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By Bill Campbell, Regional Coordinator – Virginia

The Virginia Region realized a two year dream this month when it was able to take PHWFF Participants and Volunteers into the Shenandoah National Park (SNP) to fish over wild brook trout.

Through a gracious grant provided by the National Park Foundation and with the cooperation of SNP personnel, we were able to fish in small groups for two weeks and visit many of the Parks pristine streams that hold Salvelinus Fontinalis, the wild brook trout native to the Eastern United States and the official state fish of Virginia.

The conditions for the trips could not have been more different:  The first week was perfect weather with bright sunshine and temperatures in the mid-seventies to mid-eighties. Then the second trip was plagued by six inches of snow and morning temperatures of 24 degrees. Both weeks presented significant weather challenges to the anglers since the insect hatches (aka fish food), and as a result, the fishing, can turn on or off with a five-degree temperature difference or too much sun on the water.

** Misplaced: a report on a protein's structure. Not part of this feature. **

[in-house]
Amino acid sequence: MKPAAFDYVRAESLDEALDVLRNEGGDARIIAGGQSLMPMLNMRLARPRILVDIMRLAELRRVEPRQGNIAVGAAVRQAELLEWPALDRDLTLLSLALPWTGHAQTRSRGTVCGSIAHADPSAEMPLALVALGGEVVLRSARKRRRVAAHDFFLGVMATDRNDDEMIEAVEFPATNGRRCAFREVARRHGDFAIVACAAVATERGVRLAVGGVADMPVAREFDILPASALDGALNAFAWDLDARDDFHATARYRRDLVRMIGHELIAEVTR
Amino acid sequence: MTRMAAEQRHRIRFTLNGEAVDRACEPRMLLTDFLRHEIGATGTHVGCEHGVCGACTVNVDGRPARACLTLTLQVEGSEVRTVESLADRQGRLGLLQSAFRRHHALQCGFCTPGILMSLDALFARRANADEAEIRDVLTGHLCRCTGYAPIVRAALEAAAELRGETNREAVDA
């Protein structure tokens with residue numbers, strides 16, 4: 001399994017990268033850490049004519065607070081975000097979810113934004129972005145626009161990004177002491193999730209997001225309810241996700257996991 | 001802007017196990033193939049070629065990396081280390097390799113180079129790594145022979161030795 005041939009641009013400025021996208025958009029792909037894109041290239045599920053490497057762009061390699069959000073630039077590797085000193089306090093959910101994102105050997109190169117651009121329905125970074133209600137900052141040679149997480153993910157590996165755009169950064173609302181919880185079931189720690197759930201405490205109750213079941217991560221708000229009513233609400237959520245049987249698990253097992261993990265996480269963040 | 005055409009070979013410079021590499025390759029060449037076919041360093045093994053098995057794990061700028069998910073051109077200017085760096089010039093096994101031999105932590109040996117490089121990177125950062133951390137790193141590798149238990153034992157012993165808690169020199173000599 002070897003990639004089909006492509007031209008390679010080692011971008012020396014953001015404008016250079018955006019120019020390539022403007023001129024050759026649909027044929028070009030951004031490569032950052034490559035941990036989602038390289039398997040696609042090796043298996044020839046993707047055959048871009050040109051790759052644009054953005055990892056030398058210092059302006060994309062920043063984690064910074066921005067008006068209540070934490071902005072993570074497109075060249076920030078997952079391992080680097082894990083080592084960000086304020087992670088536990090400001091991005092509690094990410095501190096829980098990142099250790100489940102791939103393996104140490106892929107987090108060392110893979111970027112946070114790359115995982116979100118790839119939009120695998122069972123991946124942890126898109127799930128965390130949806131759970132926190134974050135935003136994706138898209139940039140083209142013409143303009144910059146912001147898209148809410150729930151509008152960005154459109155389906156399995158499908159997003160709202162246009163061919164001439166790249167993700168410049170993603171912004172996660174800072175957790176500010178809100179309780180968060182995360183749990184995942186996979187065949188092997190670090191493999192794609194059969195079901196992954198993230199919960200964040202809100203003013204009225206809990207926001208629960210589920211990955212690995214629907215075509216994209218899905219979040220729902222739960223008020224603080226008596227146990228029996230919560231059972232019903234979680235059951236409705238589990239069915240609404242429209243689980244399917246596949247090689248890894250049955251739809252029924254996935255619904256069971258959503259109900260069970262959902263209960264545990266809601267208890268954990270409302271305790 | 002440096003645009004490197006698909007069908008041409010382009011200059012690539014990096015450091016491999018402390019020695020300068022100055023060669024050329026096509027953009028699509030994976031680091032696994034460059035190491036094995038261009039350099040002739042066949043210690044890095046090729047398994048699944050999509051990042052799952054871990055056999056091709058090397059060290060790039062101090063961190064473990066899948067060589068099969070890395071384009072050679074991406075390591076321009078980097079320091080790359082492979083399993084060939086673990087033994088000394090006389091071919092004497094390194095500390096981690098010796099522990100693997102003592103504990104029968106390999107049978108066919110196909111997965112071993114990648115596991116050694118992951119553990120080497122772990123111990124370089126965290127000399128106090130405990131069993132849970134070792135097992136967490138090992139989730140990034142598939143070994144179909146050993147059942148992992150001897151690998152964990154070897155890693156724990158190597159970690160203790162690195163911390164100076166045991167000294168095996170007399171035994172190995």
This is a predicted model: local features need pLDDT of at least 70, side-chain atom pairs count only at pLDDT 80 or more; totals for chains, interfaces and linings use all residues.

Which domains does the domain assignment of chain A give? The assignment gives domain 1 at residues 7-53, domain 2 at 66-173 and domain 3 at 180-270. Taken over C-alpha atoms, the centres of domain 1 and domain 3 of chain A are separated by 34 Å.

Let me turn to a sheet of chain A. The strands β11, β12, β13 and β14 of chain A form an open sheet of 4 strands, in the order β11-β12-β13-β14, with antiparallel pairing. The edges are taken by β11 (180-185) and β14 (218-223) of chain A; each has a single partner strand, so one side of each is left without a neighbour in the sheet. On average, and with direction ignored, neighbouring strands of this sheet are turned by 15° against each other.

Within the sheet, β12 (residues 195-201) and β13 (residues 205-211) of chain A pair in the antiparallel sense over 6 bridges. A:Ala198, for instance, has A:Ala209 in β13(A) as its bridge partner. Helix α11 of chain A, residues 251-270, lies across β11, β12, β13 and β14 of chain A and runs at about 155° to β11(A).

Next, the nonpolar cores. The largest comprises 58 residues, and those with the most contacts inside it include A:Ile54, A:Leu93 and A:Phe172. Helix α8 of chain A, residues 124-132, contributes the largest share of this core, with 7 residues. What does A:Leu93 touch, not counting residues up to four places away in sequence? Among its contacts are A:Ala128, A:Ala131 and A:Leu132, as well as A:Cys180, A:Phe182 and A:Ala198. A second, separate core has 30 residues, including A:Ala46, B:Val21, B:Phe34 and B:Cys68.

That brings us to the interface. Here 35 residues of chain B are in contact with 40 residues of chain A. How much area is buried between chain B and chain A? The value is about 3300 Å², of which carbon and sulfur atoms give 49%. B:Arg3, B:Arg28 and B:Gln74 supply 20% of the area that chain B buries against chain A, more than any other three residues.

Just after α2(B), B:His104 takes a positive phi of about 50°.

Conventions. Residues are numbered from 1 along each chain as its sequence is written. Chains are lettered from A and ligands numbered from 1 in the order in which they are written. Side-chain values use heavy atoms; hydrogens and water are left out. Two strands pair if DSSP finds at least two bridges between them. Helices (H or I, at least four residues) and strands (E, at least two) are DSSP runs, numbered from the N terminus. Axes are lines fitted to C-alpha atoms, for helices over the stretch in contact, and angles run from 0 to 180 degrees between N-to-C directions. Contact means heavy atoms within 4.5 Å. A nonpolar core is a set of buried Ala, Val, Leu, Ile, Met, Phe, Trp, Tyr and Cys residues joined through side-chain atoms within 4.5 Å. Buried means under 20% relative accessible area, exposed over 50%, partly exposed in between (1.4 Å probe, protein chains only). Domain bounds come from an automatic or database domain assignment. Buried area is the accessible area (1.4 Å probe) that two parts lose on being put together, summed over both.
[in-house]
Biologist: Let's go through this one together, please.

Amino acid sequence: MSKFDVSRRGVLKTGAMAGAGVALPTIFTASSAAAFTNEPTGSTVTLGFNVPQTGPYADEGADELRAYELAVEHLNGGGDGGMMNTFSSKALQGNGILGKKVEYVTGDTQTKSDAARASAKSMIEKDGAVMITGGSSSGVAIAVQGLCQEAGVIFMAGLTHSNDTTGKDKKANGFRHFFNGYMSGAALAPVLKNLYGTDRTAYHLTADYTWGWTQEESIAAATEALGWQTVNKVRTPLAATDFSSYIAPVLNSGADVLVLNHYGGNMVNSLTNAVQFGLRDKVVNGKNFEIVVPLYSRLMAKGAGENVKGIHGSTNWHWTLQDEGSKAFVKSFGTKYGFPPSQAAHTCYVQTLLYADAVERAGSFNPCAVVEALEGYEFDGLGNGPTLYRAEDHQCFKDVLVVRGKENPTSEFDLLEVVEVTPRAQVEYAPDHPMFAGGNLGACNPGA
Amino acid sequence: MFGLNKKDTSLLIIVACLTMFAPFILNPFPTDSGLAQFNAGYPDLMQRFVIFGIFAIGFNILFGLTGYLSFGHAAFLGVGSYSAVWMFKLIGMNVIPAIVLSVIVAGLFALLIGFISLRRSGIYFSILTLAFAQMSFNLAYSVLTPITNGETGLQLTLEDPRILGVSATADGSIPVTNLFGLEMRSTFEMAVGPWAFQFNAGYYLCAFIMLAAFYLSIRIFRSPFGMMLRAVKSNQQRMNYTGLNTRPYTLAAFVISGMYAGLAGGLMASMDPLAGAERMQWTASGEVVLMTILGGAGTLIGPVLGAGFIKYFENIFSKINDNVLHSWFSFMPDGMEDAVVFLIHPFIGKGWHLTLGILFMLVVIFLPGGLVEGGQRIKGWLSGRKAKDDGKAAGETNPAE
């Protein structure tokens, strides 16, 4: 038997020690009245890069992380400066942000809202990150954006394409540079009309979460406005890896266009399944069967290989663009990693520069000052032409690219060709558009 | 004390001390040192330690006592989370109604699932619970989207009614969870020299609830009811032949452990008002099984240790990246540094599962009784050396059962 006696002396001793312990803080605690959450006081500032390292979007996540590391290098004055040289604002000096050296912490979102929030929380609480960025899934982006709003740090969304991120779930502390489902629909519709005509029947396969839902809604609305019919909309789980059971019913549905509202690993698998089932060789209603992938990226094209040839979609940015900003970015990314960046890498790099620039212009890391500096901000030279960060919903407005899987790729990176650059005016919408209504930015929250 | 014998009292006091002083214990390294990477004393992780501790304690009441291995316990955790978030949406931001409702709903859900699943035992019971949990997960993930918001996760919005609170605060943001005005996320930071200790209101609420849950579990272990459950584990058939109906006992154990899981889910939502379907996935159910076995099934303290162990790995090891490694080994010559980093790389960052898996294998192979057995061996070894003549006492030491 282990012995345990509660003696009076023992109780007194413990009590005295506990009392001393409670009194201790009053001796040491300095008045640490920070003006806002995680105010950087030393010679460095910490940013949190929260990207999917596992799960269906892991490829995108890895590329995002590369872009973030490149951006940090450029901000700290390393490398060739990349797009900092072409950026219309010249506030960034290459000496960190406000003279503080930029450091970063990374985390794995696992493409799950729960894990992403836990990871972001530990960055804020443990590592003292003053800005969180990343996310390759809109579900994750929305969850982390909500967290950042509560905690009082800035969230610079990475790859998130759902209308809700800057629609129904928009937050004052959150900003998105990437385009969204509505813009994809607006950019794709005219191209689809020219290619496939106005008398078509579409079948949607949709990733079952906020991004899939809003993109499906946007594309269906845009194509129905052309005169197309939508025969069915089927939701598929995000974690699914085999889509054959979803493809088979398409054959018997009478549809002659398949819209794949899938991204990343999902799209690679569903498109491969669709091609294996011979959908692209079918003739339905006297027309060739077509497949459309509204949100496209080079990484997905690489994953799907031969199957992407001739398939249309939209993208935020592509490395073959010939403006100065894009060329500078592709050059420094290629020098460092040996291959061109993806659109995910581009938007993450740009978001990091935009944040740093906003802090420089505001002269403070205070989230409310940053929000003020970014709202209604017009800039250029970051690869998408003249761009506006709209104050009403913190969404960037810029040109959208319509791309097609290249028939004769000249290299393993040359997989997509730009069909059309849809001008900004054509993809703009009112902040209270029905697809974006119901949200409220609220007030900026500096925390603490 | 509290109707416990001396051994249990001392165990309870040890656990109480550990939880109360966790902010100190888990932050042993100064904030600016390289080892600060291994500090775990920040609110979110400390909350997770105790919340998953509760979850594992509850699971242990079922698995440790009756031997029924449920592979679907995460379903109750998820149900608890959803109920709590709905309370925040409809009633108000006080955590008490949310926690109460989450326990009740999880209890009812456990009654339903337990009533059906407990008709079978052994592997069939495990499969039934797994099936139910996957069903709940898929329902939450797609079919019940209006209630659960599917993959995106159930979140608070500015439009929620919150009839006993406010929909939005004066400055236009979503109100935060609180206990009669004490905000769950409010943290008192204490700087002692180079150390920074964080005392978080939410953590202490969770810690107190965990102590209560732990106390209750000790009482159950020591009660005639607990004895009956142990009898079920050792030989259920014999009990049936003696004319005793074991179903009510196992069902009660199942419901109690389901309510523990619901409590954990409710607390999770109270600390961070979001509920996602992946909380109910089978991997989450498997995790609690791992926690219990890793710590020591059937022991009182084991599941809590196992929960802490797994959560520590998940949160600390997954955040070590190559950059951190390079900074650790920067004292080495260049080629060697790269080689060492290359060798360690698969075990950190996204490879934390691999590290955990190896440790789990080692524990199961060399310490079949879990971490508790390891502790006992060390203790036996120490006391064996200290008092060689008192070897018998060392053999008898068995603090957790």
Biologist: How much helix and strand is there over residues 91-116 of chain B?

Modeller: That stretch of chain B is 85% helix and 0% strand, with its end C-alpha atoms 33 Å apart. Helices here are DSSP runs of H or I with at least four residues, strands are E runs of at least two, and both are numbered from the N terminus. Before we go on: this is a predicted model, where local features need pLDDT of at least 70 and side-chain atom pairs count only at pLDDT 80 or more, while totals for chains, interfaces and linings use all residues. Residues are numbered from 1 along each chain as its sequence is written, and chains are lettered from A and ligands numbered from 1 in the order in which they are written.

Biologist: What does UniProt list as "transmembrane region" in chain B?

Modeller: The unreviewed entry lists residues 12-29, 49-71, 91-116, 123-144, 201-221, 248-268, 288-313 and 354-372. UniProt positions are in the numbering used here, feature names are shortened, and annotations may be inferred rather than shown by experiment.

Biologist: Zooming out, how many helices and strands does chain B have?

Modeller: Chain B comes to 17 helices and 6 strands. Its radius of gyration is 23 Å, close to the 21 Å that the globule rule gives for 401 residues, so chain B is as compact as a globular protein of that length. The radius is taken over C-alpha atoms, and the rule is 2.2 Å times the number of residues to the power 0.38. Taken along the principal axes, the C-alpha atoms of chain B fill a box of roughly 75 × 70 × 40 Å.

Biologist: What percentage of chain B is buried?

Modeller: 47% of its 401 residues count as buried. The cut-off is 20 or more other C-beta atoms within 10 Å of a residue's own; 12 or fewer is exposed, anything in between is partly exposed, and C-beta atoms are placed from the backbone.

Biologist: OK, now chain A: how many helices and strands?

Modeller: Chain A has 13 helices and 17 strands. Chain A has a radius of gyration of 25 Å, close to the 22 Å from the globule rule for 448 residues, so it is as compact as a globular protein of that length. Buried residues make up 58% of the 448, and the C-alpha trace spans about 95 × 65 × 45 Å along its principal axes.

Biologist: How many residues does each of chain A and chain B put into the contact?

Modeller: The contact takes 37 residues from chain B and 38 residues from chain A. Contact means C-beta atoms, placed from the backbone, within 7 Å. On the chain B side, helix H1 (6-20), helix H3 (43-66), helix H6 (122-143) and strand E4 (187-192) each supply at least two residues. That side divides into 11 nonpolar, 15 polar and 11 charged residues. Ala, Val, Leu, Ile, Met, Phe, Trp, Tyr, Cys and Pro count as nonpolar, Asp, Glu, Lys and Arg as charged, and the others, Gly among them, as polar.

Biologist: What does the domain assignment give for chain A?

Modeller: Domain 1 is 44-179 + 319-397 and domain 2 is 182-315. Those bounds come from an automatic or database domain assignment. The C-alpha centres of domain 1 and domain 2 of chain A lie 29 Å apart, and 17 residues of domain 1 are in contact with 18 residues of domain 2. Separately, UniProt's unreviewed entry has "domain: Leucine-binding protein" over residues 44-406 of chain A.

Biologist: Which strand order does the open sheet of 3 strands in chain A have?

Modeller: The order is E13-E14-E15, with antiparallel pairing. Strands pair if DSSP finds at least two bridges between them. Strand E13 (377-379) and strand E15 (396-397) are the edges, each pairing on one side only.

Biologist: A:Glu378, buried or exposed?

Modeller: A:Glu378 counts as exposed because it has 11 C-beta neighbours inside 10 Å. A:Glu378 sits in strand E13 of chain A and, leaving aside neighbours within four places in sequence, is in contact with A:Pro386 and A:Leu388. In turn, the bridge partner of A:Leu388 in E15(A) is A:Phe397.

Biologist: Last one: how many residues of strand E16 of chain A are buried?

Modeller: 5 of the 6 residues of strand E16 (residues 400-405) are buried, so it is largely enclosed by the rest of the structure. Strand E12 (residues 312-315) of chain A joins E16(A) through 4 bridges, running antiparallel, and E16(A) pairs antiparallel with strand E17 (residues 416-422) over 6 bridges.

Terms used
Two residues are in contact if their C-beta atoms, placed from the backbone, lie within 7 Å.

The focus of these trips was to challenge seasoned Participants and hone the skills of our Region’s Volunteer Guides. Generally, most of our Regional trips are conducted over stocked fish more accustomed to seeing human shadows on the stream and don’t spook as easily. Wild trout, who can see as well in water as humans see in air and can clearly distinguish colors, are extremely wary and will spook at the slightest movement or shadow. The Participants on these trips had to bring their best game and, in all cases, they did. Lessons were learned by both Participants and Volunteer Guides, fish were caught, and in the end, the smiles and the fellowship were worth all the efforts it took to put these events on.

Our goal in Virginia is to create independent fly anglers capable of fishing any stream they choose and adapting their hard-won skills to wherever they find themselves. In many cases, Participants find the best way to do that, and to give back what they’ve been freely given, is to become Volunteers themselves. 40% or better of our Volunteer Guides on these two trips were former Participants.

We are very grateful to the National Park Foundation and the Shenandoah National Park personnel for their support and partnership that helped us fulfill our mission to Heal Those who Serve and provide a wonderful, unique adventure to our folks.  Thank you. We hope this event can become an annual occurrence that future Participants look forward to as they achieve their angling goals.

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